Friends and family have watched the eclipse and sent pictures. All of them have squares atop their noses and face the sky. For the world that is so much into perpetually peering down into phones, this is quite a change.

Ever since I saw Alaska airlines’ interest in eclipses, I have been intrigued enough to consider travelling to catch an eclipse. The next big eclipse that I am excited about is happening on August 2027, over the Pyramids. That is perhaps something to be present for. That’s some time away.

When I think of how it all started, my awe of eclipses did not happen in a classroom. By the time I got to understand what it really was, it got a hazier tint. And no geography teacher could have done what Tintin did!

It was in Prisoners of the Sun, that Tintin gets to Peru. When on track to be executed, he commands the Sun to disappear much to the bewilderment of the locals. Of course, the knowledge of the eclipse coming in was masterfully used.

Much later, I learnt that this technique was not something that is something that Tintin came up with!

Krishna used it in the Mahabharata war. (And then, Chanced upon this paper recently).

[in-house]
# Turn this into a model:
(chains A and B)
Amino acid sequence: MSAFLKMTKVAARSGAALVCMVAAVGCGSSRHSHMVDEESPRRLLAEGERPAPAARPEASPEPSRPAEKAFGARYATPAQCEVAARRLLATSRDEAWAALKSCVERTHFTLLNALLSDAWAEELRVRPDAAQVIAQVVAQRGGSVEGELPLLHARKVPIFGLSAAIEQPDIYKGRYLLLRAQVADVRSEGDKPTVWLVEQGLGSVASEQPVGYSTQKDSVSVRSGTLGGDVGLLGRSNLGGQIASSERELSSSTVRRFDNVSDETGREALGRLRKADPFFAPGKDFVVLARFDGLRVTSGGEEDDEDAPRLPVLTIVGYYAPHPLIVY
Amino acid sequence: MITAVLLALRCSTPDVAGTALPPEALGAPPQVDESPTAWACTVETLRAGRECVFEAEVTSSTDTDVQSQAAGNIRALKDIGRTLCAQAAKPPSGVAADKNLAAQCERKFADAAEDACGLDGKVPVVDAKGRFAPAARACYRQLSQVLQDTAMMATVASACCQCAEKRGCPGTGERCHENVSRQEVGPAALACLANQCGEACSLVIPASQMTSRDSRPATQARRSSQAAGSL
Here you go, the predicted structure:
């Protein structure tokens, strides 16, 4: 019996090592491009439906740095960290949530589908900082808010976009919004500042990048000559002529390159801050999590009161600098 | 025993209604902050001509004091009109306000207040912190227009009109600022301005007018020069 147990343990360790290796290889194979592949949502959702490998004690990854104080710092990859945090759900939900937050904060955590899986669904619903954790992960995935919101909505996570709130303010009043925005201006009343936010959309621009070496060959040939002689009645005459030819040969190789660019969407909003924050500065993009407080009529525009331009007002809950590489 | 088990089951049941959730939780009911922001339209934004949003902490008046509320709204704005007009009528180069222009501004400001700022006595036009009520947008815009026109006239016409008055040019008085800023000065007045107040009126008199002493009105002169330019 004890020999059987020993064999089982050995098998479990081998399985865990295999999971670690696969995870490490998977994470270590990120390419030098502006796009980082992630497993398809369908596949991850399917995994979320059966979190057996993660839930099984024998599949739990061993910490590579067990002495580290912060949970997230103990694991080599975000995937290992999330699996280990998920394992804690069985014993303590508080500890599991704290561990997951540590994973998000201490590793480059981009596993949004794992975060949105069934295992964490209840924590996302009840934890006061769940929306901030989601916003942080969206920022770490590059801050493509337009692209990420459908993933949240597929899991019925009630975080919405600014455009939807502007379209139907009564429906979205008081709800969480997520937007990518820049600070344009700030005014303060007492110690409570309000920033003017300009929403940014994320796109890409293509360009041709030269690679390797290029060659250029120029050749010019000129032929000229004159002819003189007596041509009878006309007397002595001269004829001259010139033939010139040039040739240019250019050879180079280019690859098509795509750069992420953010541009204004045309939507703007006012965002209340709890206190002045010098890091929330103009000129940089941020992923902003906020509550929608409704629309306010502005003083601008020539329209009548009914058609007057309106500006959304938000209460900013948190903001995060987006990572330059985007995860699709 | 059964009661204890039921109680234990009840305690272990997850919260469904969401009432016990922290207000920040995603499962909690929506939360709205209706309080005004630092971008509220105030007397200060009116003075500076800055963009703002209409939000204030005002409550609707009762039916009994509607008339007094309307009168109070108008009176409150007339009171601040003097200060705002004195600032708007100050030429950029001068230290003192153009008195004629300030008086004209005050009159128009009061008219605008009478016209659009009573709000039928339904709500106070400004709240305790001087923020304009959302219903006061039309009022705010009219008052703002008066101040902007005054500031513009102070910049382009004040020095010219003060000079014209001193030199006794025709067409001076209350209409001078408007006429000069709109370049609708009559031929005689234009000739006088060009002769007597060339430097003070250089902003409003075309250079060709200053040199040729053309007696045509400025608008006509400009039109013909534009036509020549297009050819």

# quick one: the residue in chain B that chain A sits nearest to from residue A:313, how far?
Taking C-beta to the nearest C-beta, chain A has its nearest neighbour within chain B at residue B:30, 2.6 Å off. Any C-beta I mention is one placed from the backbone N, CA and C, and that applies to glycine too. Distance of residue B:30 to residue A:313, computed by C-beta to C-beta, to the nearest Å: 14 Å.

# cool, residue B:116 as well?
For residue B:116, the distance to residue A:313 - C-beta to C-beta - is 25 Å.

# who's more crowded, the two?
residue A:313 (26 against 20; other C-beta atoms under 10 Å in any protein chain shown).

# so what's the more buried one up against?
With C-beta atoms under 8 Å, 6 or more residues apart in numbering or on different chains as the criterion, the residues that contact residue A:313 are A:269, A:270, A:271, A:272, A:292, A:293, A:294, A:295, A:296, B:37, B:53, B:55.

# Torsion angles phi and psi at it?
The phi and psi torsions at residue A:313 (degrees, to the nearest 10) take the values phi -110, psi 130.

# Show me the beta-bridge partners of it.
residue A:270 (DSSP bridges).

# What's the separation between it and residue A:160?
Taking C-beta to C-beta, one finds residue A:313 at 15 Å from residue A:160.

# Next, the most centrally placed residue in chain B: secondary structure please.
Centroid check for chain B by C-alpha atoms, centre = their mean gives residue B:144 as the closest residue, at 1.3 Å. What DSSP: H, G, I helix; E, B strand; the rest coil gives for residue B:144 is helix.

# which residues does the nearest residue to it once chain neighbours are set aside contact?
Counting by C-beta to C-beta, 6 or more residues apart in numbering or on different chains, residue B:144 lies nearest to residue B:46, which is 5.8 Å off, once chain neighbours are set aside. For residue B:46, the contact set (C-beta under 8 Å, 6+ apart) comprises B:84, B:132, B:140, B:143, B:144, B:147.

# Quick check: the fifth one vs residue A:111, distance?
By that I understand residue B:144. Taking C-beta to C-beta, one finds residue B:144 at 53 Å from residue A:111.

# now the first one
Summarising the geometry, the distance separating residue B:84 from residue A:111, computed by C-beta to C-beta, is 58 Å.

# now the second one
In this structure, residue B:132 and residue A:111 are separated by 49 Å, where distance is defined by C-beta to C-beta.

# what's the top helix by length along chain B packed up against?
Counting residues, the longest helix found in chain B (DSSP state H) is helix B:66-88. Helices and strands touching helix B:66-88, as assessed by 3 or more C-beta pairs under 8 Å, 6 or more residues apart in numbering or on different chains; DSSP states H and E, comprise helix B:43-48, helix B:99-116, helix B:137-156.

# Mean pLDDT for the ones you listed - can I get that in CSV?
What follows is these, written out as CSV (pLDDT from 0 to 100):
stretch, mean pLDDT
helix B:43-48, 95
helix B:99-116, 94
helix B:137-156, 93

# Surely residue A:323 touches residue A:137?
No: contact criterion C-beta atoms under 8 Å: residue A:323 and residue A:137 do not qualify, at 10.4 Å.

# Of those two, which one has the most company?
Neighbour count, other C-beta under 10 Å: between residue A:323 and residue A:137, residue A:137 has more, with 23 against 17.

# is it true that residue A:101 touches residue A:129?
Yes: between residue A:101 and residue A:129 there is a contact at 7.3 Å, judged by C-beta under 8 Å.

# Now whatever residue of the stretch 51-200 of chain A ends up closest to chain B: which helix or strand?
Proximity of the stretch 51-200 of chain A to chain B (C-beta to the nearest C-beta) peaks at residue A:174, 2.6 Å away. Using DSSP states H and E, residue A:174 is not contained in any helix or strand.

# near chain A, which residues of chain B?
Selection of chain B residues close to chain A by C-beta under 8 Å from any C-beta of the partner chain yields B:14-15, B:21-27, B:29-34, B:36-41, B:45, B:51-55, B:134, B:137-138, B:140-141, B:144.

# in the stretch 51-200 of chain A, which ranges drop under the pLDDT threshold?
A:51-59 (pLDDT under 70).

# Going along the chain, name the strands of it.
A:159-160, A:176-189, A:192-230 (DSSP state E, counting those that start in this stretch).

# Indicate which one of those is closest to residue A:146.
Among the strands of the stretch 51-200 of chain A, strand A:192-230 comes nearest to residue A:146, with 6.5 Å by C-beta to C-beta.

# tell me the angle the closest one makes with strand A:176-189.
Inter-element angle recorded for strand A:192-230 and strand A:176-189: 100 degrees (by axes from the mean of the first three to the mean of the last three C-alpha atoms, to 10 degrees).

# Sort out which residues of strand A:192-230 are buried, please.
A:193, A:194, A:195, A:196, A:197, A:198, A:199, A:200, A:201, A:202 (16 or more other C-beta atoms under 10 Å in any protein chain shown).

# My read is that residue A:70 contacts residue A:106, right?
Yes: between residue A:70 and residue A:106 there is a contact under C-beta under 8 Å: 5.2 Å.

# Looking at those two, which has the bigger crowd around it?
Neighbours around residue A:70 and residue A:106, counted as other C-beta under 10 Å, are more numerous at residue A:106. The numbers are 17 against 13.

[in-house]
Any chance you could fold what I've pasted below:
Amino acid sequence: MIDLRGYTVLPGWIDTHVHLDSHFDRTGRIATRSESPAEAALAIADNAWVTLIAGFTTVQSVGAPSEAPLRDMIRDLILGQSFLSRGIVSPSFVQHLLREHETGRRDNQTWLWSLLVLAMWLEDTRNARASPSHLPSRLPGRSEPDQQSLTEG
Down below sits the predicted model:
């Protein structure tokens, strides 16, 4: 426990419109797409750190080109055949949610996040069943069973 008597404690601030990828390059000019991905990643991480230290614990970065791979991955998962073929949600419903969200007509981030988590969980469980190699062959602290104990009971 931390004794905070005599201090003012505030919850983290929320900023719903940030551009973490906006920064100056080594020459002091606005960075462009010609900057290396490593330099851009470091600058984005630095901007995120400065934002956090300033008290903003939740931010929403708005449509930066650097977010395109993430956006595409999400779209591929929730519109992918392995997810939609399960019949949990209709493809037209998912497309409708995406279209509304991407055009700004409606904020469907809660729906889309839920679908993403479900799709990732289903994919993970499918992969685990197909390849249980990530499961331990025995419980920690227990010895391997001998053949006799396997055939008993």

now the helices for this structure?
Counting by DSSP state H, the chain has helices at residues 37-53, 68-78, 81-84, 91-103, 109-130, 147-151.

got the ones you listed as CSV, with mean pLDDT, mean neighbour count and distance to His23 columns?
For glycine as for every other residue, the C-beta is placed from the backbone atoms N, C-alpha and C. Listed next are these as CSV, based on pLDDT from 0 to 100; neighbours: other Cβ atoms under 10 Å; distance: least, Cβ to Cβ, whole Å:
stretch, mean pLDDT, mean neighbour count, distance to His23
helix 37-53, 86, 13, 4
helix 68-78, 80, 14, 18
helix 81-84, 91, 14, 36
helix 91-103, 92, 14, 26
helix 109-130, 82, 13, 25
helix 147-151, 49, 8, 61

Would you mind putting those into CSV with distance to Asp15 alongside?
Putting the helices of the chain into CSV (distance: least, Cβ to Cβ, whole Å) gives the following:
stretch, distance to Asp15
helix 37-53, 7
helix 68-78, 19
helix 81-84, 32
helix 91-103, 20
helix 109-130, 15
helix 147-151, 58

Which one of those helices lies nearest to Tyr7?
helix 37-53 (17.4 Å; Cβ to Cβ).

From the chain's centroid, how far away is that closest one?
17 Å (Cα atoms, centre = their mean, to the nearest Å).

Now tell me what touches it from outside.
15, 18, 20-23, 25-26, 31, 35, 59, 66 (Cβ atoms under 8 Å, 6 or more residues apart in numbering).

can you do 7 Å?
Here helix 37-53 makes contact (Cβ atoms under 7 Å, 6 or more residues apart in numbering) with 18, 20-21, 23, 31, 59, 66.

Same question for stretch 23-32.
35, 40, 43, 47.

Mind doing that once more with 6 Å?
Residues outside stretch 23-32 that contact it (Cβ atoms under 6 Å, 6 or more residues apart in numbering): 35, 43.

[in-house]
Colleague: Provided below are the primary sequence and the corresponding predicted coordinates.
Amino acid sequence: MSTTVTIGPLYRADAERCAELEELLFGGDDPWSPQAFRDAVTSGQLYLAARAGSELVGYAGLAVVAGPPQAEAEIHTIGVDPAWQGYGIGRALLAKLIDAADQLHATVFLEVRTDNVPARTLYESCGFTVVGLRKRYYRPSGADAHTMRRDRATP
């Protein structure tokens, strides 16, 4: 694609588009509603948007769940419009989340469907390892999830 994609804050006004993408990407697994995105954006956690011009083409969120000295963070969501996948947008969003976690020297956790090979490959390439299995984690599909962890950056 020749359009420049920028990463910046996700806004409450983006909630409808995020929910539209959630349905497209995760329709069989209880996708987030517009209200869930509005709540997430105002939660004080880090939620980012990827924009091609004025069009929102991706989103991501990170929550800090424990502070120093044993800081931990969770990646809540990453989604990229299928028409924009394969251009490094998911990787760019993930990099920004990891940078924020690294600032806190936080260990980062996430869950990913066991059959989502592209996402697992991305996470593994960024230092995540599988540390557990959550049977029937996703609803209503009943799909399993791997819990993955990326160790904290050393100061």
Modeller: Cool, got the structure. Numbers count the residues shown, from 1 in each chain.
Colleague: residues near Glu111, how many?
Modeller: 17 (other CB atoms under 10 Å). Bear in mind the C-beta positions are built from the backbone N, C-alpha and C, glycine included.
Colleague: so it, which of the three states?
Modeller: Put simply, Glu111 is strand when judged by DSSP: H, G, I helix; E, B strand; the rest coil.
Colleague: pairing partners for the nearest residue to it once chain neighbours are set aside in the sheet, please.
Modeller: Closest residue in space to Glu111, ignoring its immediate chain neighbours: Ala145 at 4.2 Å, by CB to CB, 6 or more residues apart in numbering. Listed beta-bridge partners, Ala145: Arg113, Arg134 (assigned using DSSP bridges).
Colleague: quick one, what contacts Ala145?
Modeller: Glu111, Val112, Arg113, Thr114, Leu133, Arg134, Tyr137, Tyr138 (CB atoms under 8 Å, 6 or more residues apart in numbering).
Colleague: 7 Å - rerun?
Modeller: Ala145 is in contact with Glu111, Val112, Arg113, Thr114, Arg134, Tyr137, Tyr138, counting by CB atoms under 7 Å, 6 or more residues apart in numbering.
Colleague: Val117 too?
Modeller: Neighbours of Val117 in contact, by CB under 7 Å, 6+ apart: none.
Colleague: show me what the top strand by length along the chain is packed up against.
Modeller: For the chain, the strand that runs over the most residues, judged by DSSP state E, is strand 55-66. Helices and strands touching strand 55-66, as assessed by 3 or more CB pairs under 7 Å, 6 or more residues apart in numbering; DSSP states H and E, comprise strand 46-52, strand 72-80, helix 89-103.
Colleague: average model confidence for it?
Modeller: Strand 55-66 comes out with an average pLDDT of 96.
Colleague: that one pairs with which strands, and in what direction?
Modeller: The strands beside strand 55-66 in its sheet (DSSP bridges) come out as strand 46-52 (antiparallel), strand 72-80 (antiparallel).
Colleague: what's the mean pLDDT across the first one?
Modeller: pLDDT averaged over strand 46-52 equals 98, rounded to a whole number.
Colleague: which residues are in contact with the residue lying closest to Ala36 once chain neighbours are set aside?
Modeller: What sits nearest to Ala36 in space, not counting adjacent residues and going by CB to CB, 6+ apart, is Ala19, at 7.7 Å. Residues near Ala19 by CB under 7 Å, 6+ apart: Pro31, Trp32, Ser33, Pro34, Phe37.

Christopher Columbus & the Spanish used the knowledge of an eclipse in their conquest of America.

The battle of Halys resulted in a negotiated treaty after the eclipse.

Here’s a list of 6 eclipses that have influenced history.

With each additional story that I came to soak up, there came more interest in eclipses. The whole drill of wearing some fancy glass and peering into the Sun as it disappears and reappears was, and continues to be magical.

As kids, we were not allowed to watch eclipses! There were all kinds of reasons. And so, we ended up watching eclipses, half in protest!

Eclipsed? 🙂

Back to Tintin and Prisoners of the sun. It continues to be a favourite. And that status did not dim because I learnt later that it had an error in it. A kid pointed out to Herge that his depiction of the Eclipse in the Prisoners of War was not quite accurate!

“HergĂ© borrowed various elements from Gaston Leroux’s book Wife of the Sun, for the crucial eclipse scene, in the same way that La Fontaine borrowed from Aesop. He was equally inspired by the text from the book Christopher Columbus by C. Giardini, published by Dragaud, Paris, in 1970, in which the author describes how the Spanish succeeded in forcing the natives to submit completely thanks to a lunar eclipse which had been announced in a calendar.

© HergĂ© / Tintinimaginatio – 2024

It is also interesting to point out a mistake regarding the eclipse. In the book the eclipse moves from right to left, whereas in reality it should travel from left to right because Peru is in the southern hemisphere. This mistake was pointed out to HergĂ© by a child who wrote a long letter expressing his dissatisfaction.”

You could be the smartest of people in a room. All it takes is a child or a childlike curiosity to eclipse you.

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